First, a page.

Moses Whitaker Harrison was born October 15, 1862 in Pinto, Utah, the fifth child of polygamist Richard Harrison and his second wife, Jane Fryer Harrison. He grew up on his father's farm in Pinto, where his father was also the postmaster. After his father died, Mose took care of his mother until her death in 1898.
Louisa Adeline Ashby was born June 8, 1868 in St. George, Utah, the fifth child of Nathaniel Ashby and Mary Virginia Garr Ashby. Her parents both died when she was in her teens. Being the oldest girl at home, she kept house and did the cooking for the family. When she was twenty, Louisa went to Salt Lake City to live with her cousin, Lucy Grant, wife of Heber J. Grant. For two years she remained there helping with the family sewing. She returned home at the death ofher brother and lived with one of her sisters for the next two years.
It was at this time that Lou met Mose. They were married in the St. George Temple,December 30, 1890.
The couple lived in Pinto until 1898, where four children were born to them: Paulina (died at birth), LaVeta (December 14, 1893), Zella (March 4, 1896), and Moses Ashby (February 9,1898).
After the death of Mose's mother in 1898, they decided to move with some of their friends and other Church members to help colonize White River Valley in Nevada, land that had recently been purchased by the Church. The following year (1890) with their three children, Mose and Lou left the little mountain canyon and green meadows of Pinto and headed for Nevada.
On land purchased in the center of the town of Lund, a house was built for the Harrison family. It numbered five rooms and was made of wood brought from Taylor and adobe from the pug mill just outside of town.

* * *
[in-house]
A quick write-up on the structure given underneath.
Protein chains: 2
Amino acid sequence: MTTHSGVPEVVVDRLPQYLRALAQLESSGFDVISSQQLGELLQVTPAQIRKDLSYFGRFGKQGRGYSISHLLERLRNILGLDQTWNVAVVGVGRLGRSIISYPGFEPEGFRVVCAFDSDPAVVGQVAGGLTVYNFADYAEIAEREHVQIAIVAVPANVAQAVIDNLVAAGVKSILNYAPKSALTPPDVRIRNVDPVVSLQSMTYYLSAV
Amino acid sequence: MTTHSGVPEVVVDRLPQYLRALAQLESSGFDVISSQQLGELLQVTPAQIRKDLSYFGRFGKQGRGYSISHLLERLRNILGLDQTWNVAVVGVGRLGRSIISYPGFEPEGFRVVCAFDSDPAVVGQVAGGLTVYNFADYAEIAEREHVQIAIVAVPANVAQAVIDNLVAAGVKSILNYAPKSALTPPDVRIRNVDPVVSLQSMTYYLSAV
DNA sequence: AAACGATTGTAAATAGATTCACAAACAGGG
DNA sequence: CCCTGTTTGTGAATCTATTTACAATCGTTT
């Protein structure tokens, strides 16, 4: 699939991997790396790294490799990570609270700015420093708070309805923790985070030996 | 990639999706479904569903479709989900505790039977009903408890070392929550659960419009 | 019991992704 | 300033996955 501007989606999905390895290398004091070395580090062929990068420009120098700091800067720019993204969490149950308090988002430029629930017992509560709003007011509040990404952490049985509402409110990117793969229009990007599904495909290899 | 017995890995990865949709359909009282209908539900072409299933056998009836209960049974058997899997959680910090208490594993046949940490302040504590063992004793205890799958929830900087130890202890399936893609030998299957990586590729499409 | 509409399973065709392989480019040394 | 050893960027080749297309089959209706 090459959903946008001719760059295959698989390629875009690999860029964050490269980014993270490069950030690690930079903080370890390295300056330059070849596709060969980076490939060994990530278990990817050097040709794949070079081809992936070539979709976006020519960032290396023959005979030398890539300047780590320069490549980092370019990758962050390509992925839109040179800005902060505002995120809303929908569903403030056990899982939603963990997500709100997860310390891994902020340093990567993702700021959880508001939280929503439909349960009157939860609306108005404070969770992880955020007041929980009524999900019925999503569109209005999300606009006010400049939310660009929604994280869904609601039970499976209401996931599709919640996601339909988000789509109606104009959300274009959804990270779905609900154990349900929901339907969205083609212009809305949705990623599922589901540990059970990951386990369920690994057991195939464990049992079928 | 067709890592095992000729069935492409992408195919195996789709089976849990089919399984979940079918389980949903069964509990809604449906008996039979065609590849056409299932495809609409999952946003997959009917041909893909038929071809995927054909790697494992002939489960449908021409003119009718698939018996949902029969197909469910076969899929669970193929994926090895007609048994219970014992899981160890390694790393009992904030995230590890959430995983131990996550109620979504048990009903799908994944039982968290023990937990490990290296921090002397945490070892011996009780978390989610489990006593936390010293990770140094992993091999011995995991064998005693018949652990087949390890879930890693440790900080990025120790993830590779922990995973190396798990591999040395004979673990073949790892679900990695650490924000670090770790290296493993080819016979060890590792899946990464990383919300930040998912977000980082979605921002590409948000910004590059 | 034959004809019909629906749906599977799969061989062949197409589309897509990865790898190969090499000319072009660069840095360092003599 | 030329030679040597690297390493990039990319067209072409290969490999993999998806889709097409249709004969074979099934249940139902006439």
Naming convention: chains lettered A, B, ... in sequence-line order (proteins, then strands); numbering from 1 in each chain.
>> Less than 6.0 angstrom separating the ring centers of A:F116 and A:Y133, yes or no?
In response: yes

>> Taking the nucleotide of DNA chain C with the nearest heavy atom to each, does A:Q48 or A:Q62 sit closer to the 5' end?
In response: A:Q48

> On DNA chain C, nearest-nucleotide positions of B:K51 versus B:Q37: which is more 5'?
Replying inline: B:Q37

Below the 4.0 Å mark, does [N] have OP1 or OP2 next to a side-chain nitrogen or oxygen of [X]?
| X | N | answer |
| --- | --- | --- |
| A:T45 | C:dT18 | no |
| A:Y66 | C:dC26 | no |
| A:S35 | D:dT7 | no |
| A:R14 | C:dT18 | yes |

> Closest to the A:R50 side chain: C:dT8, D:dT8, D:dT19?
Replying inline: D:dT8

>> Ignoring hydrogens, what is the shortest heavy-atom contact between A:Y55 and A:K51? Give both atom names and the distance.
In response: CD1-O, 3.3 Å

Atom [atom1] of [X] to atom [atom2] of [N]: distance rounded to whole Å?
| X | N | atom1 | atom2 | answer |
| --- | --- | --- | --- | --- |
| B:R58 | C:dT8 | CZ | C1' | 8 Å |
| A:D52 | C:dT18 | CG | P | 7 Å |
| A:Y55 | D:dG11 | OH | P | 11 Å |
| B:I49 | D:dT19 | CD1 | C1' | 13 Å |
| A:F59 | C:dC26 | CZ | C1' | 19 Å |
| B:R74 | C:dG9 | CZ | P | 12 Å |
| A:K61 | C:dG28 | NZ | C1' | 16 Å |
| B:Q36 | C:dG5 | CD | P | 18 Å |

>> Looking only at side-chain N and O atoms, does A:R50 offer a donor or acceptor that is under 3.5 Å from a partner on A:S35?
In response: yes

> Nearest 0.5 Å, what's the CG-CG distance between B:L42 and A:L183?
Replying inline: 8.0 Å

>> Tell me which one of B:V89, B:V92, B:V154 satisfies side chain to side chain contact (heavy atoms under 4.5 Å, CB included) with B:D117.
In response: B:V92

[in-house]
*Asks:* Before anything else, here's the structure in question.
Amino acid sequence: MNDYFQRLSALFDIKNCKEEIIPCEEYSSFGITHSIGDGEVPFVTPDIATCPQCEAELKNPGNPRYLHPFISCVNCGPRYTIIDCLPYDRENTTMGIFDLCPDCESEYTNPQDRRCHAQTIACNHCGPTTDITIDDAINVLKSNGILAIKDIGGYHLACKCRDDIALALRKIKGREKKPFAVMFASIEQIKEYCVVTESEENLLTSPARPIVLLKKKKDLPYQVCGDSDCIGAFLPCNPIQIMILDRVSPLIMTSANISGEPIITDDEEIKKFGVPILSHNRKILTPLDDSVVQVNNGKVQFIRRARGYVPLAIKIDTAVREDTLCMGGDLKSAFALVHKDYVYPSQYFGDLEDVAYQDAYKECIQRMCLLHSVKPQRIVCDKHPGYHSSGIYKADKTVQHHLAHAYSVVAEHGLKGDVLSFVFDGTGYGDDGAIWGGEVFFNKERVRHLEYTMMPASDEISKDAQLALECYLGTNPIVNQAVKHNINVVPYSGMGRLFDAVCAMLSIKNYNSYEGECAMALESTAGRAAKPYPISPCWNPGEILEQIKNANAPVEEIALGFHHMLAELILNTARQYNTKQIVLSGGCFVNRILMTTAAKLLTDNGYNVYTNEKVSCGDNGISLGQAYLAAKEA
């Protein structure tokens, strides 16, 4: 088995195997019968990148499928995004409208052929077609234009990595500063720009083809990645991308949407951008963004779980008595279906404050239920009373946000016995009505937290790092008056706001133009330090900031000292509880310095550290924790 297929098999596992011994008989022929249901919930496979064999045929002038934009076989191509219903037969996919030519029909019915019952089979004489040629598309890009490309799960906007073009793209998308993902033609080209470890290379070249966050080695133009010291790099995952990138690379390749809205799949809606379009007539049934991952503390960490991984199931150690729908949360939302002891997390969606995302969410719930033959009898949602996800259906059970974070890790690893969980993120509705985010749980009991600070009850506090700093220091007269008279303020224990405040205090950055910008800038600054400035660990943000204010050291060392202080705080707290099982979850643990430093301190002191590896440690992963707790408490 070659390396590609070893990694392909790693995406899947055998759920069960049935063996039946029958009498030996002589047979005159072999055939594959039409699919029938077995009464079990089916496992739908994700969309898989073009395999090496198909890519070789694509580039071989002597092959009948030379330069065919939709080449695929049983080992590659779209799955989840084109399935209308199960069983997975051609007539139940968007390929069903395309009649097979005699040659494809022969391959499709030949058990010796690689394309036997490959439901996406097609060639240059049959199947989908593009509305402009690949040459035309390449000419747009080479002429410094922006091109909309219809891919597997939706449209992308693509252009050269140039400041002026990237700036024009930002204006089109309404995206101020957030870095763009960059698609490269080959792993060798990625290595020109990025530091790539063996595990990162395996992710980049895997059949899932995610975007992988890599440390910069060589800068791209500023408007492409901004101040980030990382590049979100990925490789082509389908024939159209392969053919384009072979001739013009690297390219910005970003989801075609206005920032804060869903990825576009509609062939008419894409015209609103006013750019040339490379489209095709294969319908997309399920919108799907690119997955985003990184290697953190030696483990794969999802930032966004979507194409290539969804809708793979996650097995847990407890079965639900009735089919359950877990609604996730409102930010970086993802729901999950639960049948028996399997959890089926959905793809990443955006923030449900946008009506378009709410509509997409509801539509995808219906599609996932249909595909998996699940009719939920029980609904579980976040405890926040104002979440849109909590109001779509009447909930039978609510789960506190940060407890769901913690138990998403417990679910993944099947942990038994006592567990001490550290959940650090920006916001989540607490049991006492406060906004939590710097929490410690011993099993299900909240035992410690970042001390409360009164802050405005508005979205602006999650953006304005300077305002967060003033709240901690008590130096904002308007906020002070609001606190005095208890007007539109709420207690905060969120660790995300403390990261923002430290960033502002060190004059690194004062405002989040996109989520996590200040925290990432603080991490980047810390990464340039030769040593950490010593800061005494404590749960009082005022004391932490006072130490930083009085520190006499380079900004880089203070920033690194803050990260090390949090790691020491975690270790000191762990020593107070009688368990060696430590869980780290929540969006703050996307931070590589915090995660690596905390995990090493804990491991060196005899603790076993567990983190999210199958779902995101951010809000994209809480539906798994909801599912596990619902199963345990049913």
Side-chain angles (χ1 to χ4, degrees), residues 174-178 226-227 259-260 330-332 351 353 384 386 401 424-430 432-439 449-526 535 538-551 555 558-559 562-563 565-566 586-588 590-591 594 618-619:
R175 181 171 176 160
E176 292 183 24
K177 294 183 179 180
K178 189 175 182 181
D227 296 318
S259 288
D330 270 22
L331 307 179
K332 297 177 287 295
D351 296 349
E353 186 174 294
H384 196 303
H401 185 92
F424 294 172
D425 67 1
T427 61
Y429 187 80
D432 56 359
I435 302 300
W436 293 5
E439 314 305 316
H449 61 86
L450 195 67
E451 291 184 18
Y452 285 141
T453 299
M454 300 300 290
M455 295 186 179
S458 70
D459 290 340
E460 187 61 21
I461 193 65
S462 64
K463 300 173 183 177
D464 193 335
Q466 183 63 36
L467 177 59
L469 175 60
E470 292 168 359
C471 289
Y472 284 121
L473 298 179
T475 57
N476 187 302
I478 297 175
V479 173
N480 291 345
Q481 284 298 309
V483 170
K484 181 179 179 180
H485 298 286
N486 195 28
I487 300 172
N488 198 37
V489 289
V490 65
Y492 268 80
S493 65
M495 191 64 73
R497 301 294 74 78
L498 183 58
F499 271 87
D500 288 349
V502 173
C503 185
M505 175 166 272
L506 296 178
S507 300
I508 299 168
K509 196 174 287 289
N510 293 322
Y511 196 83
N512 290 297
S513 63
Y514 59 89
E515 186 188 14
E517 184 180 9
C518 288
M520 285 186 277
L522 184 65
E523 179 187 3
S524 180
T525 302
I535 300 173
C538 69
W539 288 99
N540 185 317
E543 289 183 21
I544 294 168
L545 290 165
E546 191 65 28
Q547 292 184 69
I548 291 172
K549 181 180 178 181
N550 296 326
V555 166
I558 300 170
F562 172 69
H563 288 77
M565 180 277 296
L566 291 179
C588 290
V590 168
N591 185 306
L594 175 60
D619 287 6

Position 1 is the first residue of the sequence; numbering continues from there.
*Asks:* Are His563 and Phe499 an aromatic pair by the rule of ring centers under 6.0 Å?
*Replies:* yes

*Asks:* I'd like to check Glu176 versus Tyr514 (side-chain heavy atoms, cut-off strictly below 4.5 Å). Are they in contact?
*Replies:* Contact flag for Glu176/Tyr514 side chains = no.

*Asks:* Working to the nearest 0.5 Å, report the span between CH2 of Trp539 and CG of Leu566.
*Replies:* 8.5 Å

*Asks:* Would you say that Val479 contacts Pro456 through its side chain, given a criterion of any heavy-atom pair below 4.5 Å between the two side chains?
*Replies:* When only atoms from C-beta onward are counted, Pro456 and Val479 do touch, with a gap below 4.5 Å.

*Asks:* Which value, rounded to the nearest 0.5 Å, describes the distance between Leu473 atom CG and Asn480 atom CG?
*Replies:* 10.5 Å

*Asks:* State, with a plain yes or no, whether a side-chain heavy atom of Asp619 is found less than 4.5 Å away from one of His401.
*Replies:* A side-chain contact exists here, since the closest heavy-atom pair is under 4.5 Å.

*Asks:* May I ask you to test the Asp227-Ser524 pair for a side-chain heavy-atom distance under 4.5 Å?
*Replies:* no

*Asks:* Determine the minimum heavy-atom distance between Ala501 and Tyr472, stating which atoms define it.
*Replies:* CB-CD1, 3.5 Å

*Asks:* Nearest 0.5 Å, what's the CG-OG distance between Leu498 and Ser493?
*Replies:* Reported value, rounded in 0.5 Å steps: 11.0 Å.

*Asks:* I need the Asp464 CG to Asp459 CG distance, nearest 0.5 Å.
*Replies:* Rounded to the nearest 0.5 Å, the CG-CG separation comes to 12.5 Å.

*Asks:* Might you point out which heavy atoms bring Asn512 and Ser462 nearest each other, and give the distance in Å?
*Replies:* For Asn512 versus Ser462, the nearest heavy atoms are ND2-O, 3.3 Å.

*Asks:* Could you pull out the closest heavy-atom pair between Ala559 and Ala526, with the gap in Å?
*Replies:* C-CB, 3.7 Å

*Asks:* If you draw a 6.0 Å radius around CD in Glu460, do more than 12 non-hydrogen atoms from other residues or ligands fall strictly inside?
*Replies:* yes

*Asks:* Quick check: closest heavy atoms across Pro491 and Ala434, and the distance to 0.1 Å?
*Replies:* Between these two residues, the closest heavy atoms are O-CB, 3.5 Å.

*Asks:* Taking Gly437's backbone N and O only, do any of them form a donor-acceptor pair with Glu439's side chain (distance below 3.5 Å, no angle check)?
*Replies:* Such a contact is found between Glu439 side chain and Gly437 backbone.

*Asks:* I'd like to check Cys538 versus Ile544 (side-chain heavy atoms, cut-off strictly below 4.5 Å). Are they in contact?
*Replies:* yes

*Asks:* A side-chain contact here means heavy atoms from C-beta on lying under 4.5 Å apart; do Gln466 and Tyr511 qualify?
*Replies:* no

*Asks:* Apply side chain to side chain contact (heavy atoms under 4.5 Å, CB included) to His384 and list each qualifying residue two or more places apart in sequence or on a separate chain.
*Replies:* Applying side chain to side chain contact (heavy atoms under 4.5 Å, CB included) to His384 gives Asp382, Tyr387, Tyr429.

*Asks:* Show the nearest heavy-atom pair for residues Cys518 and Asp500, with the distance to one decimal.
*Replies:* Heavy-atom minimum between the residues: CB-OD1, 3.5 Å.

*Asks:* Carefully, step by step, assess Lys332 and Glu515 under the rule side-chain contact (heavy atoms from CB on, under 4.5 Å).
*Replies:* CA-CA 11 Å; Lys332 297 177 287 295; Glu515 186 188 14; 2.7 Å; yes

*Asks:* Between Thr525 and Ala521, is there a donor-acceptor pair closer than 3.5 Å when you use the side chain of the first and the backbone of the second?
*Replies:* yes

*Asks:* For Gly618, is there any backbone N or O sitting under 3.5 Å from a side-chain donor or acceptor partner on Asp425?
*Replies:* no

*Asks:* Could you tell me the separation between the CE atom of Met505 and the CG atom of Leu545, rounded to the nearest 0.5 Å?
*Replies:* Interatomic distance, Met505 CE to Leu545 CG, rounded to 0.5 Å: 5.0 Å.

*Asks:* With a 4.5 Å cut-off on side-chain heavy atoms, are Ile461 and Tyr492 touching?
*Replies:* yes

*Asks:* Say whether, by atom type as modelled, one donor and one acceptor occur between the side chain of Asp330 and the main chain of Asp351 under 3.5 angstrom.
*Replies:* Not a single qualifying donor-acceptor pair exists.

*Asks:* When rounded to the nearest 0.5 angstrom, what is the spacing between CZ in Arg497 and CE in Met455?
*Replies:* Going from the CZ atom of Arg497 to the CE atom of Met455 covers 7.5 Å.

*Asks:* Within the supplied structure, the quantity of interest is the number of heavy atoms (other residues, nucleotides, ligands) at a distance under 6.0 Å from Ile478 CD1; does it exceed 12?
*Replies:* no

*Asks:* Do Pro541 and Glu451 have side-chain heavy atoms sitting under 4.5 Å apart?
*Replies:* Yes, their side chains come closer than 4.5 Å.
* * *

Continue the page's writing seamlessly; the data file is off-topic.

Five more children were born to Mose and Lou in Lund. They were: Fred Turner (August 14, 1901), Nathaniel Antone (March 15, 1904), Zina (December 24, 1906), and twins, Kathryn and Kelly (August 7, 1909).
Education being a concern to early settlers of Lund, the Harrisons offered the use of their home for the first school. Mose served as a member of the committee to plan the school buildingin 1915. Mose was also the sheriff of Lund for many years. No one can remember him having to make a serious arrest.
Both Moses and Louisa were active members of the Latter Day Saints Church. It was a great influence and comfort in their lives as it had been to their parents. They supported the Church organizations and activities. Each of their children was baptized when they came of age.
Some happy evenings were shared with friends at their homes or Mose and Lou would send their children off to bed and invite over their good friends the Reids, Ivins, and Gardners. The evening would be spent in playing games, visiting and singing. Mose had a fine singing voice and often sang duets with his friend, Robert Reid. Louisa played the piano and taught all herdaughters to play. The boys were musical too. Ashby played the violin and Kelly played theguitar.
Other evenings the family spent together with Mose telling stories about his boyhood, to his children when they were little, and later to his grandchildren. He also loved to sing songs for them, sometimes making up his own words to familiar tunes.
Holidays were always a special time. On Thanksgiving and Christmas, the family gathered around the table for a big dinner with Mose at the head and Lou by his side, and each child or grandchild in his or her place. Louisa cooked the family dinners and the children, even after they were married and were living elsewhere, always came home for the holiday if possible.
The July 24 celebration was always a big day at the Harrisons. Since their home was in the center of town, many people would gather on their lawn to watch the parade and other events. One year Mose shaved off his bright red mustache, darkened his skin, and dressed up like an Indian to ride in the parade. Not one of his children recognized him.